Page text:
Thomas CHANEY has two upcoming publications in important economic journals

Thomas CHANEY and his co-authors have two forthcoming publications announced in two important peer-reviewed journals : the Journal of International Economics and the Journal of Political Economy.

Professor CHANEY, joined the Department last year, is specialized in international trade, finance and networks. Laureate of a number of important awards, he was one of 2017’s nominees for the prestigious « Prix du meilleur jeune économiste ». 

He was awarded an ERC « Starting Grant » in 2013 for his project « Firm Networks Trade and Growth – FiNET.

The articles to be published reflect his research themes :

1/ In the Journal of International Economics, with Raphael AUER and Philip SAURE : "Quality Pricing-to-Market" (link)

Abstract :
This paper analyzes firm’s pricing-to-market decisions in vertically differentiated industries. We first present a model featuring firms that sell goods of heterogeneous quality levels to consumers who are heterogeneous in their income and thus their marginal willingness to pay for quality increments. We derive closed-form solutions for the unique pricing game under costly international trade. The comparative statics highlight how firms’ pricing-to-market decisions are shaped by the interaction of consumer income and good quality. We derive two testable predictions. First, the relative price of high qualities compared to low qualities increases with the income of the destination market. Second, the rate of cost pass-through into consumer prices falls with quality if destination market income is sufficiently high. We present evidence in support of these two predictions based on a dataset of prices, sales, and product attributes in the European car industry.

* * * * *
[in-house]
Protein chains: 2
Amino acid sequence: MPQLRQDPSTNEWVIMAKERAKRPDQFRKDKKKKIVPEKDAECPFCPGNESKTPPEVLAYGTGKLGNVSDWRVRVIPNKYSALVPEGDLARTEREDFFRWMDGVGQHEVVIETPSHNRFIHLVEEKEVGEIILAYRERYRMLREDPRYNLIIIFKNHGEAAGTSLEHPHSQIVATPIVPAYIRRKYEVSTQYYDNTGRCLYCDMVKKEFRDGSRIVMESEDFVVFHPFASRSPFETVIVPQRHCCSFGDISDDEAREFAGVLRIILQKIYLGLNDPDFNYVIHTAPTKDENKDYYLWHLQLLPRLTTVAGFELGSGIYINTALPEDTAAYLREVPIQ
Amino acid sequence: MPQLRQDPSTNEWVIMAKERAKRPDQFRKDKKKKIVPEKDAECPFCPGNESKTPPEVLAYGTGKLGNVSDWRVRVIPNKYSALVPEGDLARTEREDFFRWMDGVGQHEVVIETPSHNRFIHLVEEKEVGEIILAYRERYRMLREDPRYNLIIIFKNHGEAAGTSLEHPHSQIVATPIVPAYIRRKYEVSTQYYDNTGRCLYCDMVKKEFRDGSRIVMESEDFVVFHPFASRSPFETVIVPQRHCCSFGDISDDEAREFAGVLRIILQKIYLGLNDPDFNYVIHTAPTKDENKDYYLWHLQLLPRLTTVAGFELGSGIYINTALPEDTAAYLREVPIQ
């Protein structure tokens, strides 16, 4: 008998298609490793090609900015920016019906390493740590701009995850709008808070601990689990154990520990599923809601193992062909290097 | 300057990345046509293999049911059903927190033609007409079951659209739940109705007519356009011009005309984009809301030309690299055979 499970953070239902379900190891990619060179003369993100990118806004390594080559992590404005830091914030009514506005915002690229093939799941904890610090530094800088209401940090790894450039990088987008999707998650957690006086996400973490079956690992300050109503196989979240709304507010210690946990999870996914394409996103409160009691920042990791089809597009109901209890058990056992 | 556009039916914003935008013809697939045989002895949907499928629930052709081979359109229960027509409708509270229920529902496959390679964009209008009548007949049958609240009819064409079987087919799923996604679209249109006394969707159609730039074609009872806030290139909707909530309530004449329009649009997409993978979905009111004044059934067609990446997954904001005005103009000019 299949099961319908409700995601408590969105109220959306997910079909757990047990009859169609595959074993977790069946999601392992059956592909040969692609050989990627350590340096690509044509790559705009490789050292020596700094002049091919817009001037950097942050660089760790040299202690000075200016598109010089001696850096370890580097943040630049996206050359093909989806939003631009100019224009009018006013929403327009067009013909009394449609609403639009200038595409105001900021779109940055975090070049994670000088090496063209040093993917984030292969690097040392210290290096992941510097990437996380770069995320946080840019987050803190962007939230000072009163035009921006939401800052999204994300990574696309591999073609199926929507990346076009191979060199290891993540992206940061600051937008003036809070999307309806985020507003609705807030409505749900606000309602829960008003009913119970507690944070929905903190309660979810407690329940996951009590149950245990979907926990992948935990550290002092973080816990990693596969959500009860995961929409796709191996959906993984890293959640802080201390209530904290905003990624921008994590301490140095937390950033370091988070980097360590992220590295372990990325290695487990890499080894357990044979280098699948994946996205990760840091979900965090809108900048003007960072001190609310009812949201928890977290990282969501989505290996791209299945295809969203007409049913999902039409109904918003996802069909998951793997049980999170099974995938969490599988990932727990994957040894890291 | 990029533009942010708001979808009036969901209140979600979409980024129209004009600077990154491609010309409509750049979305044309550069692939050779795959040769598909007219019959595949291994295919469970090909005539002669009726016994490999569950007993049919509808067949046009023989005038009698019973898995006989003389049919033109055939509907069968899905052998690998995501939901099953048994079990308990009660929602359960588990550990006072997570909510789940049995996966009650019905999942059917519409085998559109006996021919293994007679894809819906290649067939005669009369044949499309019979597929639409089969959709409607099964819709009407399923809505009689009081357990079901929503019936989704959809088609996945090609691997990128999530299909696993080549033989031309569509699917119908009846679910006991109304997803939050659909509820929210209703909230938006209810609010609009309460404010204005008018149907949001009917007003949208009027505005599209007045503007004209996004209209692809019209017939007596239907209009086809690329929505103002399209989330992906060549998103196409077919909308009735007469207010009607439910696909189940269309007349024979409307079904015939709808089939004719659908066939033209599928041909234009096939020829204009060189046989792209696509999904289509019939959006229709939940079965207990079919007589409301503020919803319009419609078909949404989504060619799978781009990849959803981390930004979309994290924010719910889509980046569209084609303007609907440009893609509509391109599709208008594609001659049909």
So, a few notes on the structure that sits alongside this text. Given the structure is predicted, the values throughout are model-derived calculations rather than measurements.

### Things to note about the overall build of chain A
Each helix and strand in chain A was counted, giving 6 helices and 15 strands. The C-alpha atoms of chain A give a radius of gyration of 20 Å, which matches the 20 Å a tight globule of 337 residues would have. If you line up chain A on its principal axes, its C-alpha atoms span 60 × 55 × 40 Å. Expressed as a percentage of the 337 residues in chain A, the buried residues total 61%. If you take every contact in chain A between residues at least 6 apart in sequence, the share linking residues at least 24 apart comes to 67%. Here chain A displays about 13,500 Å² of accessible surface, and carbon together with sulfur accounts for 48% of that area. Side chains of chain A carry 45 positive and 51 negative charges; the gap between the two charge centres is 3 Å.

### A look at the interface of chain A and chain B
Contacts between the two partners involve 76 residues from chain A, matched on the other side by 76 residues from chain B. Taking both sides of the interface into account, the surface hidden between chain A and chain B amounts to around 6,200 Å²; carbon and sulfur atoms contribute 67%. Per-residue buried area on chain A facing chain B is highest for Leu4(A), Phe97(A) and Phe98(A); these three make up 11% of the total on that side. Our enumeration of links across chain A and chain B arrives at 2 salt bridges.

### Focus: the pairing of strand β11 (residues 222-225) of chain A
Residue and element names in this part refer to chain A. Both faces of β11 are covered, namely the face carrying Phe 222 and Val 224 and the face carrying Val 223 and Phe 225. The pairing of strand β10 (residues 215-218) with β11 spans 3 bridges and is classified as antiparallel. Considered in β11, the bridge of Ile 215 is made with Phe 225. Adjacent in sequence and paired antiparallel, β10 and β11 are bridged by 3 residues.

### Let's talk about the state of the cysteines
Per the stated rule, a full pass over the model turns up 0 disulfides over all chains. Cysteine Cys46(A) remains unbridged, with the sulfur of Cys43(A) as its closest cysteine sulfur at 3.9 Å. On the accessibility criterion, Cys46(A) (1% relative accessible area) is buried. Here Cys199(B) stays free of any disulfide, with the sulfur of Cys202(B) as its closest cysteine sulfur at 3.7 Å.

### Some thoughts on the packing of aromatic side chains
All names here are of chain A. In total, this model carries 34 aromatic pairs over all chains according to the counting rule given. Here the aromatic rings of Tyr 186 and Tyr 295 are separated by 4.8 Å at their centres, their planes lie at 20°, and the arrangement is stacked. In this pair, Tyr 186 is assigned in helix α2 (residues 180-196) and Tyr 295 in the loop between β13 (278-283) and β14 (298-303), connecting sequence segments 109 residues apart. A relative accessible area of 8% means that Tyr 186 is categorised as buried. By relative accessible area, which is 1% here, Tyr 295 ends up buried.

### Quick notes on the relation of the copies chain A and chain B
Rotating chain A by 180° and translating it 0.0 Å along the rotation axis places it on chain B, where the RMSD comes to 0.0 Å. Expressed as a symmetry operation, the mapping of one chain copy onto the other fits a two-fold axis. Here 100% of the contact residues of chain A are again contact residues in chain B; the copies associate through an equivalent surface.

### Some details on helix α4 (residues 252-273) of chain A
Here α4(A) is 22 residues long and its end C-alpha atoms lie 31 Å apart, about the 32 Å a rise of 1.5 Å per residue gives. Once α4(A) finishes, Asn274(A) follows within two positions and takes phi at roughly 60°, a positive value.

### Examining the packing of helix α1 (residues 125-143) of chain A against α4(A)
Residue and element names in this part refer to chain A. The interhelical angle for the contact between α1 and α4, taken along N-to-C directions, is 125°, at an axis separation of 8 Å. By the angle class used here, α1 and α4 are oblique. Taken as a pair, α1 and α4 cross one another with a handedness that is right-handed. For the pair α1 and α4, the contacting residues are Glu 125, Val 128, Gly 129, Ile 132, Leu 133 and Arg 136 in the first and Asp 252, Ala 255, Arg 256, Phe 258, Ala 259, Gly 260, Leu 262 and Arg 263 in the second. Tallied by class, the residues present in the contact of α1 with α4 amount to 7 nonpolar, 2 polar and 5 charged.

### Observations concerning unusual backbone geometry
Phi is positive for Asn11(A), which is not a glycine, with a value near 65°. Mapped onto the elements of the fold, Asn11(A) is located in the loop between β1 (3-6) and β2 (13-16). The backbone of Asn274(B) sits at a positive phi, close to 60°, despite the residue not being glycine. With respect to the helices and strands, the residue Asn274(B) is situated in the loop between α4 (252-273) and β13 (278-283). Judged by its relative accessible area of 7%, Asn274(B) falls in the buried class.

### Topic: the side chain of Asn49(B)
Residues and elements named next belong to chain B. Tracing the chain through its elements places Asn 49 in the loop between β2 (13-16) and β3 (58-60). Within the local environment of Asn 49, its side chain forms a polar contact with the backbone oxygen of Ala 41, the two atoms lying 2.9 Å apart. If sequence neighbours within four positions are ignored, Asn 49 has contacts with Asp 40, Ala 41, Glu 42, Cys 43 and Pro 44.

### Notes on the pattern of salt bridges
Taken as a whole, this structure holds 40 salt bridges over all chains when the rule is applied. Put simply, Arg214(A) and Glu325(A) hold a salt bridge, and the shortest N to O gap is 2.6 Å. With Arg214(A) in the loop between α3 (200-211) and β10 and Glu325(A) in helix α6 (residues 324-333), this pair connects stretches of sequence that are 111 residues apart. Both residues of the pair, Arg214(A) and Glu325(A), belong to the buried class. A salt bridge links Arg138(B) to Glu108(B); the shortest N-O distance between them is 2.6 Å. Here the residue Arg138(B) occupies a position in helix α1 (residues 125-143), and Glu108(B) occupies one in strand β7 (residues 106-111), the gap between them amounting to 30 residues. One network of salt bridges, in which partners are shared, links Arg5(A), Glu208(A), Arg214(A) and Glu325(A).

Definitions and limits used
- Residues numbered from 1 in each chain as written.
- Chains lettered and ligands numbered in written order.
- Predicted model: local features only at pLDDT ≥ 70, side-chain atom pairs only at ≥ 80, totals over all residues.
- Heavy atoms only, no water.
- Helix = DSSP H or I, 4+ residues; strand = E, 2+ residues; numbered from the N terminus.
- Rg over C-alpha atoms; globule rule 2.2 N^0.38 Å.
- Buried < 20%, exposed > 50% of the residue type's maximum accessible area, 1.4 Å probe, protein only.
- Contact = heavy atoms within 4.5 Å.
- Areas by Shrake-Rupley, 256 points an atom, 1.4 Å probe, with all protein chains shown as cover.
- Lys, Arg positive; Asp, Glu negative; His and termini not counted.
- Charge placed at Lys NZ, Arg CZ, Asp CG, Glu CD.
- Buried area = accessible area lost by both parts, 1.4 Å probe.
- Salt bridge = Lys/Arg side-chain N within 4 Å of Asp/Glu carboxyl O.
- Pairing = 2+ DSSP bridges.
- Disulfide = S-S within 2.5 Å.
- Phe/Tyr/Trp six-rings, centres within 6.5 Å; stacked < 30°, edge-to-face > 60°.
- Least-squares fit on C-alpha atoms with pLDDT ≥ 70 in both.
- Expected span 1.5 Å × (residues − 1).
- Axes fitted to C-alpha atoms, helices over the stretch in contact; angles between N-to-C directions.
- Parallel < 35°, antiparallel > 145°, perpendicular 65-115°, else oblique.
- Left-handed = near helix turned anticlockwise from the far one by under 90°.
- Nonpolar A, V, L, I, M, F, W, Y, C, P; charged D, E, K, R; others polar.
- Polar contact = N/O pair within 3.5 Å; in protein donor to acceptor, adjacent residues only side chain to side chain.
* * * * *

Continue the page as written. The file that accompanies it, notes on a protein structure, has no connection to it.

2/ In the Journal of Political Economy : « The Gravity Equation in International Trade: An Explanation » (link)

Abstract :
The gravity equation in international trade states bilateral exports are proportional to economic size, and inversely proportional to geographic distance. While the role of size is well understood, that of distance remains mysterious. I offer an explanation for the role of distance: If (i) the distribution of firm sizes is Pareto, (ii) the average squared distance of a firm’s exports is an increasing power function of its size, and (iii) a parameter restriction holds, then the distance elasticity of trade is constant for long distances. When the firm size distribution follows Zipf’s law, trade is inversely proportional to distance.